# Extension of divisible fields

Assume that $F$ is an infinite subfield of a field $K$ such that its multiplicative group, $F^\times$, is divisible. Also, $a\in K$ and $[F(a):F]<\infty$. Can we conclude that the multiplicative group of $F(a)$ is a divisible group?

For example the root closure of $\mathbb Q$ in $\mathbb C$, is a divisible field. Can we obtain that any finite extension of this field is a divisible field?

• "...such that its multiplicative group is divisible". Whose mult. group: $\;F\;$ or $\;K\;$ ?? – DonAntonio Dec 27 '16 at 18:56
• $F^*$ is a divisible group. – Reza Fallah Moghaddam Dec 27 '16 at 19:04
• I'm not sure, but may be we get a counterexample as follows. Let $k$ be an algebraic closure of $\Bbb{F}_p$, and let $F$ be the field of Puiseux series in indeterminate $T$ over $k$. I think that then $F^*$ is divisible. We can extract a root of $p$-power order termwise, and a root of order coprime to $p$ by the usual method. Then, if $a$ satisfies $a^p-a=1/T$, i.e. $a=T^{-1/p}+T^{-1/p^2}+T^{-1/p^3}+\cdots\notin F$, I wonder whether $a$ has roots of all orders in $K=F(a)$? – Jyrki Lahtonen Dec 27 '16 at 19:41
• @JyrkiLahtonen I think the link you gave above might not be the right one, since I don't see the link with Puiseux series... That said, your example looks like it should work, but I wasn't able to flesh it out. – Pierre-Guy Plamondon Dec 27 '16 at 23:56
• @Pierre-GuyPlamondon Oops. Copy/paste -error. Should be fixed now. – Jyrki Lahtonen Dec 28 '16 at 7:06

## 1 Answer

There is a finite extension of the root closure of $\mathbb{Q}$ whose multiplicative group is not divisible.

First, even though it is obvious, let us state it: a field $F$ has a divisible multiplicative group if and only if for every $n\in \mathbb{N}$, every element of $F$ admits an $n$-th root.

Recall the definition of the root closure $\mathbb{Q}^r$ of $\mathbb{Q}$. Define a root extension of $\mathbb{Q}$ to be a sequence of extensions of the form $$\mathbb{Q}\subset \mathbb{Q}(a_1) \subset \mathbb{Q}(a_1, a_2) \subset \ldots \subset \mathbb{Q}(a_1, \ldots, a_r),$$ where a power of $a_1$ lies in $\mathbb{Q}$ and for each $i\in\{2,\ldots r\}$, a power of $a_i$ lies in $\mathbb{Q}(a_1, \ldots, a_{i-1})$.

Let $\mathbb{Q}^r$ be the union of all possible root extensions of $\mathbb{Q}$. It is not hard to see that $\mathbb{Q}^r$ is a subfield of $\mathbb{Q}^a$ (where $\mathbb{Q}^a$ is the algebraic closure of $\mathbb{Q}$). Moreover, since some polynomials over $\mathbb{Q}$ cannot be solved by radicals by the Abel-Ruffini Theorem, the field $\mathbb{Q}^r$ is strictly contained in $\mathbb{Q}^a$.

By construction, for every $n\in \mathbb{N}$, every element of $\mathbb{Q}^r$ admits exactly $n$ $n$-th roots in $\mathbb{Q}^r$. Thus $(\mathbb{Q}^r)^*$ is divisible.

Let $L$ be a finite extension of $\mathbb{Q}^r$ (such an extension exists, since $\mathbb{Q}^r \subsetneq \mathbb{Q}^a$). We can assume that $L/\mathbb{Q}^r$ is a Galois extension (if it isn't, replace $L$ by its Galois closure). Let $p$ be a prime number dividing the order of the Galois group $Gal(L/\mathbb{Q}^r)$. By Cauchy's theorem, there is a subgroup of $Gal(L/\mathbb{Q}^r)$ of order $p$. Hence, by the Galois correspondence, there is an intermediate field extension $$\mathbb{Q}^r \subsetneq L' \subsetneq L$$ such that $[L:L']=p$.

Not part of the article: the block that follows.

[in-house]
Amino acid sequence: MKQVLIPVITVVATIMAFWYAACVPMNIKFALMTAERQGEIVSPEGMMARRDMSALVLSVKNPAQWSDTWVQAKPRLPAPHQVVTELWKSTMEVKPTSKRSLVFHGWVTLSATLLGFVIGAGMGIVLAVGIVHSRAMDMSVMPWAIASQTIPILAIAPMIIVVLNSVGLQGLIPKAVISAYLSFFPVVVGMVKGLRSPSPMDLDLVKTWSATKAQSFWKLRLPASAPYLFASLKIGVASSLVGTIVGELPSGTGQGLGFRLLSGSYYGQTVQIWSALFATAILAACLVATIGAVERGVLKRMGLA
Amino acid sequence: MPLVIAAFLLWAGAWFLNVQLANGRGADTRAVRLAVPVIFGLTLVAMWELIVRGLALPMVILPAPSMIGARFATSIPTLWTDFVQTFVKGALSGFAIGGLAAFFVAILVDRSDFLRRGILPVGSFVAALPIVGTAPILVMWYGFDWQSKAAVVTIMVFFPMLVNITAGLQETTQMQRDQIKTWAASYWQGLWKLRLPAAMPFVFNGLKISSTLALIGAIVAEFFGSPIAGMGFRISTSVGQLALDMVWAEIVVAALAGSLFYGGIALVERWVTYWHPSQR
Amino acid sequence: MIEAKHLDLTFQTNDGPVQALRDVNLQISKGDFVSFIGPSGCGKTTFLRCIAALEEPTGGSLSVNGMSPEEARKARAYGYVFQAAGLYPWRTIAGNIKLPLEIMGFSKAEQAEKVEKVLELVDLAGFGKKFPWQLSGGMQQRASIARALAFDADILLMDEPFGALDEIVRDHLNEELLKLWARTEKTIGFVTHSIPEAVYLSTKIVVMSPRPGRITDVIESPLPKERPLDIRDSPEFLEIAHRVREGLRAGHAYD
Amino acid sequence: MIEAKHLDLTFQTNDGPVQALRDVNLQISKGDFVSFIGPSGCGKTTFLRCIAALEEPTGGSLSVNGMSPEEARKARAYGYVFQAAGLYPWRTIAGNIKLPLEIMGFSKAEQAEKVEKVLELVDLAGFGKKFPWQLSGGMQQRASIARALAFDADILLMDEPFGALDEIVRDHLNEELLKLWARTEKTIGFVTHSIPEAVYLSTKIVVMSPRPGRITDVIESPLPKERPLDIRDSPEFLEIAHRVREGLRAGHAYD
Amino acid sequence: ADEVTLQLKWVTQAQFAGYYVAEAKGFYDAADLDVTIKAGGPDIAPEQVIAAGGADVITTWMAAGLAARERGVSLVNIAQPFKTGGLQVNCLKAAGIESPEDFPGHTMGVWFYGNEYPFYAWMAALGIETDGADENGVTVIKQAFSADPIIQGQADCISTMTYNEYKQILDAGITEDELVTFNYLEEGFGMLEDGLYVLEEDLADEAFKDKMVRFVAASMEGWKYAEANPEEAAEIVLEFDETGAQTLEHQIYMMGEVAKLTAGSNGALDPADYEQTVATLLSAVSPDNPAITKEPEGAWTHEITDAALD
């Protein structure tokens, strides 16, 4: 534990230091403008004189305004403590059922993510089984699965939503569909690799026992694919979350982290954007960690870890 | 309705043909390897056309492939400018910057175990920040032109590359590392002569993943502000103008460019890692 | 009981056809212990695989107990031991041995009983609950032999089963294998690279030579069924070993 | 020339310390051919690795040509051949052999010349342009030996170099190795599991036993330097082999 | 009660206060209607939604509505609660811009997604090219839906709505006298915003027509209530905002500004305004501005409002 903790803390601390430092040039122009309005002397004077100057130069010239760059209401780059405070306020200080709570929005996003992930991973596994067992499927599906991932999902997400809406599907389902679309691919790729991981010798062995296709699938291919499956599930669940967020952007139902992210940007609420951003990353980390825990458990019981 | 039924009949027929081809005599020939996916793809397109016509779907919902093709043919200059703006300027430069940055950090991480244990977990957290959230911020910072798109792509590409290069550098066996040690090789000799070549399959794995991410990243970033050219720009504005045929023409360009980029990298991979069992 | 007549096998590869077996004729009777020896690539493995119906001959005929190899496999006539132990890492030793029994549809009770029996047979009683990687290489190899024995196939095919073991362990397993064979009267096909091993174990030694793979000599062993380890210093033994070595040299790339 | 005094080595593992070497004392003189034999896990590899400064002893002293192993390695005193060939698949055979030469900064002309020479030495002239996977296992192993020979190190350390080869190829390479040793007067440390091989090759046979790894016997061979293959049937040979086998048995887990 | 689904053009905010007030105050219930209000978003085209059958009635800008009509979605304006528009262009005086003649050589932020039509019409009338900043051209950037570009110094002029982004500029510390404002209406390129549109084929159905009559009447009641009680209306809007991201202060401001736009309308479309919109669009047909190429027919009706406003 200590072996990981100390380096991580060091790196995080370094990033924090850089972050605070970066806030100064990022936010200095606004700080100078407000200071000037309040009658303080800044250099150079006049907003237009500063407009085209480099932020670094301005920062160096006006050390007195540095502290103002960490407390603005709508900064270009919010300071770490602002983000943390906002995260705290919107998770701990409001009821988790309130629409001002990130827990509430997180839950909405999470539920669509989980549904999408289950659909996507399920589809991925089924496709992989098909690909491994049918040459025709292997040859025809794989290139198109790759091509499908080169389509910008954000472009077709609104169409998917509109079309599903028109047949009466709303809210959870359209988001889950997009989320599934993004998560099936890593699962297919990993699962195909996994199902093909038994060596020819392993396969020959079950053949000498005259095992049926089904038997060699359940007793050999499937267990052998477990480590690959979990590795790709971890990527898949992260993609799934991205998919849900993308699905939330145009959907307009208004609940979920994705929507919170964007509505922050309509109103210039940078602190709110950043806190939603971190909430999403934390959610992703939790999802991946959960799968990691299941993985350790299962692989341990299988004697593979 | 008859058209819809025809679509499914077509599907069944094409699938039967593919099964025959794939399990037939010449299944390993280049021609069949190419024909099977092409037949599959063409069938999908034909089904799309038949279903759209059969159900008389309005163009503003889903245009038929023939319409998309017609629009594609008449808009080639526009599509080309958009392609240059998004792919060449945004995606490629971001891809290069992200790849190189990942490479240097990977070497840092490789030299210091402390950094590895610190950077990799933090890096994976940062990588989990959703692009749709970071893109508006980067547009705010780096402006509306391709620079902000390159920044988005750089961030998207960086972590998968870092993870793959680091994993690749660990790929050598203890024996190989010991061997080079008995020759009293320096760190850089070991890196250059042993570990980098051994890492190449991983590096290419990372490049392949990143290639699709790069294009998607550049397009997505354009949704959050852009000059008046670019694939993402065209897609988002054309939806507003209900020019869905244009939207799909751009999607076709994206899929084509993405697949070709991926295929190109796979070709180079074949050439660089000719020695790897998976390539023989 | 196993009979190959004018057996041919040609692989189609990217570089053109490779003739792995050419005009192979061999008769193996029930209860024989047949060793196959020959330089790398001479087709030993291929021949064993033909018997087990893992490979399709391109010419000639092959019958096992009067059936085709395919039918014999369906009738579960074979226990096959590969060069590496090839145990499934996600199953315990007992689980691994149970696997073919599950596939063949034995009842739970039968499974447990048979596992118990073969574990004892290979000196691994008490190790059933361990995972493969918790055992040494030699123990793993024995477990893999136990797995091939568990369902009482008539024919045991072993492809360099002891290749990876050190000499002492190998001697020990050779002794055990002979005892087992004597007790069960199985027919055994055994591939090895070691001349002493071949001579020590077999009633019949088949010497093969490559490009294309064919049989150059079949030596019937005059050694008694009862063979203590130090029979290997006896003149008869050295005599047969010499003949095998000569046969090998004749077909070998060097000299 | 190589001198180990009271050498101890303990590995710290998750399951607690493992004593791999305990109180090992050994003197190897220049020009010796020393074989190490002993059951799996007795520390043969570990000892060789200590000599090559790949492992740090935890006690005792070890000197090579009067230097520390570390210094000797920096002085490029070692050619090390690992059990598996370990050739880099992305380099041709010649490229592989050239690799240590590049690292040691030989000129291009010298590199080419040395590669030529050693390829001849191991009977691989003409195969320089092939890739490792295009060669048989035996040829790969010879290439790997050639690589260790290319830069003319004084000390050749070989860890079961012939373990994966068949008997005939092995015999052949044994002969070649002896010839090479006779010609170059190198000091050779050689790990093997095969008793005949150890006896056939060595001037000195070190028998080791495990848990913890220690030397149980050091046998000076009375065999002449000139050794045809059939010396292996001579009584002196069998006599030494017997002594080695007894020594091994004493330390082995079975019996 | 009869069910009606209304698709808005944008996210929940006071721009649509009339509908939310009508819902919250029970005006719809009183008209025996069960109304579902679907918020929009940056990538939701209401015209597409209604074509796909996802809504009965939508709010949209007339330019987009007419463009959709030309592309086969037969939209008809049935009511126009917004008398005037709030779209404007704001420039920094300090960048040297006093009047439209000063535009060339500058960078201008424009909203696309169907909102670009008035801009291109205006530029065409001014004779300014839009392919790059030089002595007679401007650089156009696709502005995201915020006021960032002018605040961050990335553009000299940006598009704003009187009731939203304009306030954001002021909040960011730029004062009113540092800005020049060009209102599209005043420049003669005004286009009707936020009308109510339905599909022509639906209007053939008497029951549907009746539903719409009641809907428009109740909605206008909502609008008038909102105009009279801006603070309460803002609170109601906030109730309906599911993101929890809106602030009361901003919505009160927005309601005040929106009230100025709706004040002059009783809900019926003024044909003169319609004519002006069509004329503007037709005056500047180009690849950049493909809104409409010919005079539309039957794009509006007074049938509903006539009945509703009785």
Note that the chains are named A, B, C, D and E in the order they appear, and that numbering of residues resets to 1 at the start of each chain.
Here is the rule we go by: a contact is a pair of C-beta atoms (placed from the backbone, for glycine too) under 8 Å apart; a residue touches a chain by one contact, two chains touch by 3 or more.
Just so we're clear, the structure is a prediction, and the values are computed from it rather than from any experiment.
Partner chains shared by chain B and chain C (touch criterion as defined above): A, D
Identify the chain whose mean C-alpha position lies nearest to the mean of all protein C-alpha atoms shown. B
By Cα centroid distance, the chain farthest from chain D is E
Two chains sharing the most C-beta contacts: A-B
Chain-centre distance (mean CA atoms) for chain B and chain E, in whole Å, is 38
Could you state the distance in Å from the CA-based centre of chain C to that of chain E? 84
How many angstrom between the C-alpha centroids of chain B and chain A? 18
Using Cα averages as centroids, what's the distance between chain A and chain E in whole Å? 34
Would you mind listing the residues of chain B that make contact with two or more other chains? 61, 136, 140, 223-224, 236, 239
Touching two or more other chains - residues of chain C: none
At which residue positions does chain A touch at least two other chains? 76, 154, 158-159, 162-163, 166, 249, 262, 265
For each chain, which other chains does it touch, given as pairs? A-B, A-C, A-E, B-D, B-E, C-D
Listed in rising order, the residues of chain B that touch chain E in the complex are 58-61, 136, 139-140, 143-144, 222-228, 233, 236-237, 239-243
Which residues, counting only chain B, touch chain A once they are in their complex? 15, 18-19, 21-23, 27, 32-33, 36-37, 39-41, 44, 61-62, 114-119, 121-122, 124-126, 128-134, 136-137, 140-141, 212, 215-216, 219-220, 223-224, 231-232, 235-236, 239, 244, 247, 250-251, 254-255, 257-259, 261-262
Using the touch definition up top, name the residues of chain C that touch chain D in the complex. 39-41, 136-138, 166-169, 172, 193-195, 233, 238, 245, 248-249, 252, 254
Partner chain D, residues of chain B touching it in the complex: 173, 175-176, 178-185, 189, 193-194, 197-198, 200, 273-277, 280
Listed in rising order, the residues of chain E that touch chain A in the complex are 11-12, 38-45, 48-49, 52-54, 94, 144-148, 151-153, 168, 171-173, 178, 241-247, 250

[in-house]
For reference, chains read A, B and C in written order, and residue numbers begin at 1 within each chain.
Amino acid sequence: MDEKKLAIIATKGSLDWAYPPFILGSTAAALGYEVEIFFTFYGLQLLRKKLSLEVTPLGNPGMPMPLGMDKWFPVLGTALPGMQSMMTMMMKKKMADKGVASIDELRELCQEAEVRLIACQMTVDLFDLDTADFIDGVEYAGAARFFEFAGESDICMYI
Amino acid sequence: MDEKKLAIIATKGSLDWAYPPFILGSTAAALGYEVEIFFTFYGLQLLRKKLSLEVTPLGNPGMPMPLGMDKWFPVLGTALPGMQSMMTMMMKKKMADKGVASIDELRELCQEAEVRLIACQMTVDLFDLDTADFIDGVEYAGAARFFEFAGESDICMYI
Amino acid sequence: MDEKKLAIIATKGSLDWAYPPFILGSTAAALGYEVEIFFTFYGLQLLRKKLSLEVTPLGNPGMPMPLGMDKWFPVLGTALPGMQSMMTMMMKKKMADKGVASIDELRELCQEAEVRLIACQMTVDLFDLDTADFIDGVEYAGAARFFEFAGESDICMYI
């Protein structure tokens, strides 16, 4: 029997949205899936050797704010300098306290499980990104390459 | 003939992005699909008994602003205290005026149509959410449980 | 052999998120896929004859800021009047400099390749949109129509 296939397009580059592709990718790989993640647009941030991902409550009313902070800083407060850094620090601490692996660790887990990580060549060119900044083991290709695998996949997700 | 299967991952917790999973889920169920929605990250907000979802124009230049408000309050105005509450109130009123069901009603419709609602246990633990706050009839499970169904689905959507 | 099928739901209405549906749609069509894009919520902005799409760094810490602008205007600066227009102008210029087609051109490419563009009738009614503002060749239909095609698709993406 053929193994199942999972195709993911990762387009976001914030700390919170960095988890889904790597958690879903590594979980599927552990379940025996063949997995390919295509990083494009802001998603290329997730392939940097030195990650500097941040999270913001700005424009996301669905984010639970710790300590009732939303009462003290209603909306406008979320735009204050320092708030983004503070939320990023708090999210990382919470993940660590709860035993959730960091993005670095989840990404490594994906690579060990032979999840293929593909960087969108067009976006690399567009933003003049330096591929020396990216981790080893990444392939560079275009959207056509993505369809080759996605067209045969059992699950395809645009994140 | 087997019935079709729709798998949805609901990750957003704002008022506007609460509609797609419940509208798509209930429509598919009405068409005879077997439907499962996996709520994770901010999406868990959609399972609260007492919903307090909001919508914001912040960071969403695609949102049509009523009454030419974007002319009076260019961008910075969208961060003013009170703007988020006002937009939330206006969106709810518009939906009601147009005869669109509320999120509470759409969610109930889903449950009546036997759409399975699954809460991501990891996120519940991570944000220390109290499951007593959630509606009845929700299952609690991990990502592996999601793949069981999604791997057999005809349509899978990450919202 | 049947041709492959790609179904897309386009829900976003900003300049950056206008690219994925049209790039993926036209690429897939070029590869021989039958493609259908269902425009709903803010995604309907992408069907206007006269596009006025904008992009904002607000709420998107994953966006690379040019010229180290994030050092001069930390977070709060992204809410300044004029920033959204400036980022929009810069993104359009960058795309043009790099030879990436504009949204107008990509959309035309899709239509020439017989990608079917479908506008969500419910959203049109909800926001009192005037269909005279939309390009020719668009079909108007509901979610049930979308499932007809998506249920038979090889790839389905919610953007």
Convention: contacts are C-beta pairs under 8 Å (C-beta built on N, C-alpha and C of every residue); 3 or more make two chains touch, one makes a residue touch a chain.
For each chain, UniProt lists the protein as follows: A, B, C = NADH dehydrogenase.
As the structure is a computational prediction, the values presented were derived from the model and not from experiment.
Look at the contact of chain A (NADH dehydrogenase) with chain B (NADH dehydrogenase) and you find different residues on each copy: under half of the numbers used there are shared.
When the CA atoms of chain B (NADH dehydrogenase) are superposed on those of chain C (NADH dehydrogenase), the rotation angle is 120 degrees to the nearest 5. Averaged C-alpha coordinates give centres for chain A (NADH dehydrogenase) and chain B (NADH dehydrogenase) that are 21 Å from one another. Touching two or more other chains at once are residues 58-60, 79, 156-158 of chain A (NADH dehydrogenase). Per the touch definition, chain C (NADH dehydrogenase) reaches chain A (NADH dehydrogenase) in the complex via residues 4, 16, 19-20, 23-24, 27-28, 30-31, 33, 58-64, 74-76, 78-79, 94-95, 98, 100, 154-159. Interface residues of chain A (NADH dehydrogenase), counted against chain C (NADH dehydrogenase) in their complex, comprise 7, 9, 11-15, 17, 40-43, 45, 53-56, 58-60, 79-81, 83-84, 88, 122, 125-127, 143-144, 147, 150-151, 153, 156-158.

Then the multiplicative group of $L'$ is not divisible. Indeed, assume that it is. Since $L'$ contains all roots of unity, then for any $n\in \mathbb{N}$, any element of $L'$ admits exactly $n$ $n$-th roots in $L'$. Now, the Galois group of $L/L'$ has order $p$, and is thus solvable; therefore, if $b\in L\setminus L'$, then the minimal polynomial $P_b$ of $b$ over $L'$ is solvable by radicals. But this implies that $b\in L'$, a contradiction.

Thus $(L')^*$ is not divisible, and there exists an $a\in L'$ and an $n\in \mathbb{N}$ such that $a$ does not admit any $n$-th root in $L'$.

Therefore, if we take $F=\mathbb{Q}^r$ and $a$ as above, then $F(a)^*$ is not divisible, even though $F^*$ is.

A finite example

The only finite field whose multiplicative group is divisible is $\mathbb{F}_2$. Thus, taking $F= \mathbb{F}_2$ sitting inside any finite extension $K$ gives us a counter-example.

• Thaks for your response – Reza Fallah Moghaddam Dec 29 '16 at 9:31
• IMO the useful/helpful answers are upvoted, and the answer that satisfies the asker is accepted. The OP's call, of course :-) – Jyrki Lahtonen Dec 29 '16 at 10:07
• In your proof you said" The Galois group of $L/L'$ has order p, and is thus solvable;" why? – Reza Fallah Moghaddam Jan 1 '17 at 16:36
• @RezaFallah-Moghaddam $L/L'$ is Galois because $L/\mathbb{Q}^r$ is Galois. Any group of order $p$ with $p$ prime is cyclic, and any cyclic group is solvable. If you think that the proof is wrong, it would be helpful if you explained why; I have read it again, and it seems all right to me. – Pierre-Guy Plamondon Jan 6 '17 at 3:09
• @RezaFallah-Moghaddam There is a point of confusion with the fundamental theorem in what you say. If you have a Galois extension $L/K$, then the fundamental theorem gives a bijection between normal subgroups of $Gal(L/K)$ and subfields of $L$ that are Galois extensions of $K$. However, if $L'$ is a subfield of $L$ containing $K$, then the extension $L/L'$ is always Galois (even though $L'/K$ might not be). So in our situation, we do not need that the subgroup is normal. – Pierre-Guy Plamondon Jan 6 '17 at 12:50